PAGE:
The stranger closes the register drawer, offers to carry the heavy bottles to my car, and helps me refill the empty fluid tank. He tells me to wait a minute. I watch him walk to a pickup truck and bring out two more blue bottles. He places them in the trunk of my car. “You can’t be too sure about those roads,” he says. “Best take the extra bottles. No charge.” He shakes my hand, tells me to drive safe, then walks back into the store.
We begin our travel before the sun comes up. I am driving alone. We have weathered the storm and we will reach Texas today. What will happen? The journey on the dark road is slow. Then all of a sudden something beautiful happens. The sun comes out. The beauty of the colors is amazing. As we pull in for breakfast I take a picture of the sunrise. I have never seen anything like it.
We travel a few hours more, and unexpectedly I see my father pull into a gas station. We don’t need a break; what could be happening? He tells me that it’s time to call the university. I pull out the business card for Hugh Burns, the department chair for the rhetoric program. It’s January 2; nobody will be in the office. My father does not listen to my arguments, but simply hands me a phone.
One ring, two rings. Burns is there. His cheerful voice is a welcome sound: “Ms. Rodríguez! We’ve been expecting you! Classes begin Monday. Let me give you some enrollment codes. I trust you’ve had a wonderful journey?” As I write the enrollment codes down my father takes out a credit card from his wallet. As Burns transfers me to the registrar’s office my father says, “Pay for the classes. Make sure you’re enrolled; then we’ll keep driving.” I hold back tears as I talk to the registrar.
We sit in a small office across the desk from Amber. Right now she has all the power and authority in the room; she is the apartment manager. She explains why there is no vacancy: “Classes begin in three days. There was a waiting list. You should have called months ago to reserve one of our units.”
A waiting list. Even in a new environment I am destined to wait. My father sits calmly with his coat on and his hat in his hands. He looks at Amber and in a kind voice says, “Would you check again? You see, we have traveled a long way to get here.” He pauses, leans into the desk, and with a determined smile says, “This is where we are meant to be.”
I look at my family. They are tired.I have traveled to Texas borrowing on the strength and faith of my family. Having them carry me along the dangerous path because I am not able to walk it on my own. God, the author of this journey, has opened many doors. Still, we wait.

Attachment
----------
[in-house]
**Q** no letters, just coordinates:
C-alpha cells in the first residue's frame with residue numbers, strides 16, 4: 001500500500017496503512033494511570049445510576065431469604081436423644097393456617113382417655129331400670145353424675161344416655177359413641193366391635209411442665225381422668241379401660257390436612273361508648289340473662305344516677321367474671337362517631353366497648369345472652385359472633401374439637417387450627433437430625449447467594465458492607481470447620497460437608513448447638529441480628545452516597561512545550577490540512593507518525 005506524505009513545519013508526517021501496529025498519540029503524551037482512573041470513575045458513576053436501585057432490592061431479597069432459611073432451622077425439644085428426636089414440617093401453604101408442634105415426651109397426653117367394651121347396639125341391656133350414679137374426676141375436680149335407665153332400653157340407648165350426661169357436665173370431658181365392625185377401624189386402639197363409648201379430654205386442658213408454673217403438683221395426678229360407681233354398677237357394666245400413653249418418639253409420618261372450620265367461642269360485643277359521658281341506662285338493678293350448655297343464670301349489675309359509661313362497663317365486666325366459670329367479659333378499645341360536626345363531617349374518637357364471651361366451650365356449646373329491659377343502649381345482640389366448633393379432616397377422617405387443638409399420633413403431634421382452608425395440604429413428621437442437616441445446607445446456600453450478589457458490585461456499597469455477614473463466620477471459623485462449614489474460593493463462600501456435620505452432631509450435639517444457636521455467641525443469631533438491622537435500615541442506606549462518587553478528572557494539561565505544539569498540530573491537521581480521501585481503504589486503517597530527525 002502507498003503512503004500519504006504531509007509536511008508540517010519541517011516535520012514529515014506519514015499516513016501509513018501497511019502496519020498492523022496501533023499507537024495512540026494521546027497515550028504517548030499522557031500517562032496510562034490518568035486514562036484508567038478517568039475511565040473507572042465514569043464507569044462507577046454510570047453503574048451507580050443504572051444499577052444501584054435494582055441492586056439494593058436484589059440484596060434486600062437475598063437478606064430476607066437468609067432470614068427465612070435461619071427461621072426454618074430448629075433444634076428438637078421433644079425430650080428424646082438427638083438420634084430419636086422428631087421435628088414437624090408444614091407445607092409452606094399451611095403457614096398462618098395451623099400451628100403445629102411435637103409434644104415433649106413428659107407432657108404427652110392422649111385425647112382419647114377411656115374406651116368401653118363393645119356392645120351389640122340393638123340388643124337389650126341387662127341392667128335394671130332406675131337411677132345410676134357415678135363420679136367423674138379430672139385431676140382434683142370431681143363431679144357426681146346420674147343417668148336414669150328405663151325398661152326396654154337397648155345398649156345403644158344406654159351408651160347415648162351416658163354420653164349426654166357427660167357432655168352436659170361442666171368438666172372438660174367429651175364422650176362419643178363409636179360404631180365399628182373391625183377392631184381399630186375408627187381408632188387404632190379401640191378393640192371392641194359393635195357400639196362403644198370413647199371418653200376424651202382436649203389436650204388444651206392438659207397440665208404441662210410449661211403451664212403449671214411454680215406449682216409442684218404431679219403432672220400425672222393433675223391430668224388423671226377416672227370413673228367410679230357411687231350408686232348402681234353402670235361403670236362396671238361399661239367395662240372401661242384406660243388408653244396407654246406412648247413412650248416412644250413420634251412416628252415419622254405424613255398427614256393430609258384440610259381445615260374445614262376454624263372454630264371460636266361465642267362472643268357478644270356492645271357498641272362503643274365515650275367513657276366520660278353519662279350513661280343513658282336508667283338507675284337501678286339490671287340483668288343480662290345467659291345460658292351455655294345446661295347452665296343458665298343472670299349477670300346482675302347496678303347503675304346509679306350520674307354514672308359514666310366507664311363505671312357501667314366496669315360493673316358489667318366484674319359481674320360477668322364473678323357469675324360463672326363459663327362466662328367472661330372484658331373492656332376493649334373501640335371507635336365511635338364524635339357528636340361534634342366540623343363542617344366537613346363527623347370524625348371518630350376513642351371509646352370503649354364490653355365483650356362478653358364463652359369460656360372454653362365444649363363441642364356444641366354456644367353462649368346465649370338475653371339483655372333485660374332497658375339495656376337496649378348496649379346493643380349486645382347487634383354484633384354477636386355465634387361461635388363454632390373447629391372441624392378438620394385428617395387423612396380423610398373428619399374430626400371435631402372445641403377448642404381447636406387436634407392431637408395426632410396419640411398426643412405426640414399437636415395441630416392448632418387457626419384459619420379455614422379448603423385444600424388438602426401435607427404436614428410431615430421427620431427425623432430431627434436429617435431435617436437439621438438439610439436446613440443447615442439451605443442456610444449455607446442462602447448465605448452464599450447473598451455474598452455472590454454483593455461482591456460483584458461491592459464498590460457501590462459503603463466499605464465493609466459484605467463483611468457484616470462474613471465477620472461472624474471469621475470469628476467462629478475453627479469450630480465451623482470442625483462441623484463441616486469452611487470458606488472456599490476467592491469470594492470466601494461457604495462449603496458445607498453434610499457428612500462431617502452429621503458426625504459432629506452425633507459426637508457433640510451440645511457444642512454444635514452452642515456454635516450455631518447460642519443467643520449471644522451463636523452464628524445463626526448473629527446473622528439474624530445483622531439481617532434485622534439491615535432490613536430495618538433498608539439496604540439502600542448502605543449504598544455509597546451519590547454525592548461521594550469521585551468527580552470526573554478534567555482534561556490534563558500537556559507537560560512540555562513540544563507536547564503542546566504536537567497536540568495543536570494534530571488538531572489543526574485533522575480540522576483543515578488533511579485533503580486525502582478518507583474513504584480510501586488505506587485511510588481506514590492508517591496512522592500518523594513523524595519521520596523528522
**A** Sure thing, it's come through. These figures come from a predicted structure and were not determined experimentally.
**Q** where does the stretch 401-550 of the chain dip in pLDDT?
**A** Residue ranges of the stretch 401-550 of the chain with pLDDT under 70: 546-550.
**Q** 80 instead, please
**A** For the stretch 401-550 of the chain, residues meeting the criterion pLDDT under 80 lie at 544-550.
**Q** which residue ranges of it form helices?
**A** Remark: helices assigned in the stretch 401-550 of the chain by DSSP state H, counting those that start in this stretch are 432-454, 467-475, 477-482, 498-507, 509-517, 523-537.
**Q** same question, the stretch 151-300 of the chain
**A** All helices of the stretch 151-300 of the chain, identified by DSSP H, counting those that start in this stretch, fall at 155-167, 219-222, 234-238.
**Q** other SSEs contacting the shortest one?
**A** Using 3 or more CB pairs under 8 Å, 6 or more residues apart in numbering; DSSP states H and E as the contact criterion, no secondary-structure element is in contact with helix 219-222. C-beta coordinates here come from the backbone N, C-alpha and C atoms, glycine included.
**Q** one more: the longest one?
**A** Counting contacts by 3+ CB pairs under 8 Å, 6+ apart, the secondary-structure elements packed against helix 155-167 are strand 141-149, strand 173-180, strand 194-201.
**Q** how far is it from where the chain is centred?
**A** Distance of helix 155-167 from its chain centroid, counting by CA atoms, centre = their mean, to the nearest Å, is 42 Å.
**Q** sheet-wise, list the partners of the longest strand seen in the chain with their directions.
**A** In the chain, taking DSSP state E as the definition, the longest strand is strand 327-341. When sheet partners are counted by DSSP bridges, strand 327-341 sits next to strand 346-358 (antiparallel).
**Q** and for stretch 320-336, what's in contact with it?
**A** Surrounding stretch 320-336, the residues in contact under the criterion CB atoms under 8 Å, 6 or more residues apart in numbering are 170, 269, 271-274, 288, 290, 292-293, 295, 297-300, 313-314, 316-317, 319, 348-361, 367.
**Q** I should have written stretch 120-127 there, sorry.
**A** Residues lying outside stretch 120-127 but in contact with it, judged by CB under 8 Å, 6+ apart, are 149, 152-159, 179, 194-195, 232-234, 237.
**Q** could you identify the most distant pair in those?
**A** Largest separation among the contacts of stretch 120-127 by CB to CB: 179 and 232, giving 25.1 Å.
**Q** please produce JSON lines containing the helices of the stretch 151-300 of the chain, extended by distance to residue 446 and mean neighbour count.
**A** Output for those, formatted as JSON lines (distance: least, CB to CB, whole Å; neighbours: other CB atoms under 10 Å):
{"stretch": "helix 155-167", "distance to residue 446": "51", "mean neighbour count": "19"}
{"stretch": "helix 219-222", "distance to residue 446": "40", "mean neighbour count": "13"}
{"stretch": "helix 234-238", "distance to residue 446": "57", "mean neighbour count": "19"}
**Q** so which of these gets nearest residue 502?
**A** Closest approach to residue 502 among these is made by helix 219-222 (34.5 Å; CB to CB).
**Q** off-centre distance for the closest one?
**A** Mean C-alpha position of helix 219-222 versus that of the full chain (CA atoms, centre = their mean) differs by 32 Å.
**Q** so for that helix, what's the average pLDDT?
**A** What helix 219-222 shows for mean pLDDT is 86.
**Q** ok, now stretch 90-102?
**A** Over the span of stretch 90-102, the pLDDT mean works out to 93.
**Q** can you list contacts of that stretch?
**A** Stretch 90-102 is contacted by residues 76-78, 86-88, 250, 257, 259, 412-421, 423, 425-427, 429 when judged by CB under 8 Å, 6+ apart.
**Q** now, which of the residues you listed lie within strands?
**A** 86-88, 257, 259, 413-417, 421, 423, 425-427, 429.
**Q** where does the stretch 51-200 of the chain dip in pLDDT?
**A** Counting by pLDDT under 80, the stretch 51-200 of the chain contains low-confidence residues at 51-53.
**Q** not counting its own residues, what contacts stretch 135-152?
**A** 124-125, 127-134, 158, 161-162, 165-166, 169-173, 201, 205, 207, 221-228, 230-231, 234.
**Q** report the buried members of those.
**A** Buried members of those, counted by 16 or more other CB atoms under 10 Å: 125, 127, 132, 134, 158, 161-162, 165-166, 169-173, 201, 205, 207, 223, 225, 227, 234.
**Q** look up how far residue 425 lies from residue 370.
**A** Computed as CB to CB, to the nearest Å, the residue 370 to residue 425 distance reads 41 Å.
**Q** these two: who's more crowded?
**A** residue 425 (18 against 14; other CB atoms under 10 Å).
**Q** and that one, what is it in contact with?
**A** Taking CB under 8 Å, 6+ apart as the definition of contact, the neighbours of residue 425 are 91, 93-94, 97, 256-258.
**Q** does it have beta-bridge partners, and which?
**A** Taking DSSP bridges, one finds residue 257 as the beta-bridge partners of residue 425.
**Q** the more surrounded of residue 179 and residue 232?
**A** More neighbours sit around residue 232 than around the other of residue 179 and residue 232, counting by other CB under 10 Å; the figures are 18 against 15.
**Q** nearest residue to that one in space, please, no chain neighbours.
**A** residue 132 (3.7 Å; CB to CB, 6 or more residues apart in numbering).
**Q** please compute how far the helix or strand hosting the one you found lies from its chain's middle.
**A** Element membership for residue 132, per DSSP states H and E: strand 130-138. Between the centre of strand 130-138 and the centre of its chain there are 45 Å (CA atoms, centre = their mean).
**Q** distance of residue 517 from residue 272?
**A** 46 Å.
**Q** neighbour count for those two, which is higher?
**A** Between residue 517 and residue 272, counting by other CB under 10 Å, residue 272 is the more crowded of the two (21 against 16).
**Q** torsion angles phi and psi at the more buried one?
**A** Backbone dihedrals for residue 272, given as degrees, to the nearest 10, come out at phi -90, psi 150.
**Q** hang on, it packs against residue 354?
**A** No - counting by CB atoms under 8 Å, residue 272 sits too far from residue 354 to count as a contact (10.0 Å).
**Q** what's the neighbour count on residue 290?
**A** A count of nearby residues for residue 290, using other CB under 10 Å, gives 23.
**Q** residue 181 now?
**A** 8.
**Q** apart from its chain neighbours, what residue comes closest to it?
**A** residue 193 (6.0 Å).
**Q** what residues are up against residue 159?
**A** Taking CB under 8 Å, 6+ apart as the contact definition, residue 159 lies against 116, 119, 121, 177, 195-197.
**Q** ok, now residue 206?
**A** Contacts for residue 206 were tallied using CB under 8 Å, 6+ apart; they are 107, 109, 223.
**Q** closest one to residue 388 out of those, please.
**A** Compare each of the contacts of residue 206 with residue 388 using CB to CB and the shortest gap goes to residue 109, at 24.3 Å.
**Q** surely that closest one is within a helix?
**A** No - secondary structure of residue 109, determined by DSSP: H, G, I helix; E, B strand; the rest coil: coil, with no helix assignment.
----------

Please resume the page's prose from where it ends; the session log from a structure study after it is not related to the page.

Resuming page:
As Amber checks her computer, a knock on the door distracts her. The gentleman at the door wears a maintenance uniform. He apologizes for the interruption and explains that the maintenance crew worked on apartment 401. “The paint is dry, and we just installed the carpet. It’s ready to go,” he says, and leaves as quickly as he appeared.
I watch as Amber slowly withdraws her hands from the computer keyboard and with wide eyes looks at my father, who nods in greater understanding of the event. “That is our apartment,” he says with a smile. Amber draws up the rental contract.
The Life of Faith
I awake alarmed, as if someone has just recklessly disregarded my need for rest. I immediately find my surroundings foreign. The small apartment seems too big. This is where I will begin a new life. Feelings I haven’t revisited during the journey have traveled miles to come find me, and they have arrived. I am alone here.
I get up and walk to the window, pulling aside the blinds, hoping that the U-Haul is still there, that my parents are still here. No U-Haul. The day is clear. It feels like spring. I see my itinerary of classes carefully written out on a piece of paper next to my computer. I have to buy books for tomorrow.
As I pull into the university bookstore parking lot I am intimidated. Everyone knows where they are going. On the bookstore door is a sign: Please Leave Backpacks With Attendant. As I place my backpack on the counter, my hand feels the front pocket: the camera.
Five hours later I stand at the counter of a local pharmacy where my photos have been developed. The photo attendant watches me open the envelope and carefully remove the only three pictures that were in the camera. “Are you OK?” he asks. “Do you have to sit down? You look pale.”
I carefully lay all three photographs on the counter in order of succession. “Some things you learn best in calm, and some in storm.” I look at the picture of the lake where Viola and I sat, then at the picture of the angry blizzard coming over the mountains minutes before our departure from Utah. The last photograph is the unexpected, beautiful sunrise provided by the Great Cartographer of our journey; a sign that the storm had passed. It is evidence of our journey, a cartography of faith, and evidence of a heavenly authored journey.
* Willa Cather, The Song of the Lark (Boston: Houghton Mifflin Co., 1915), p. 443.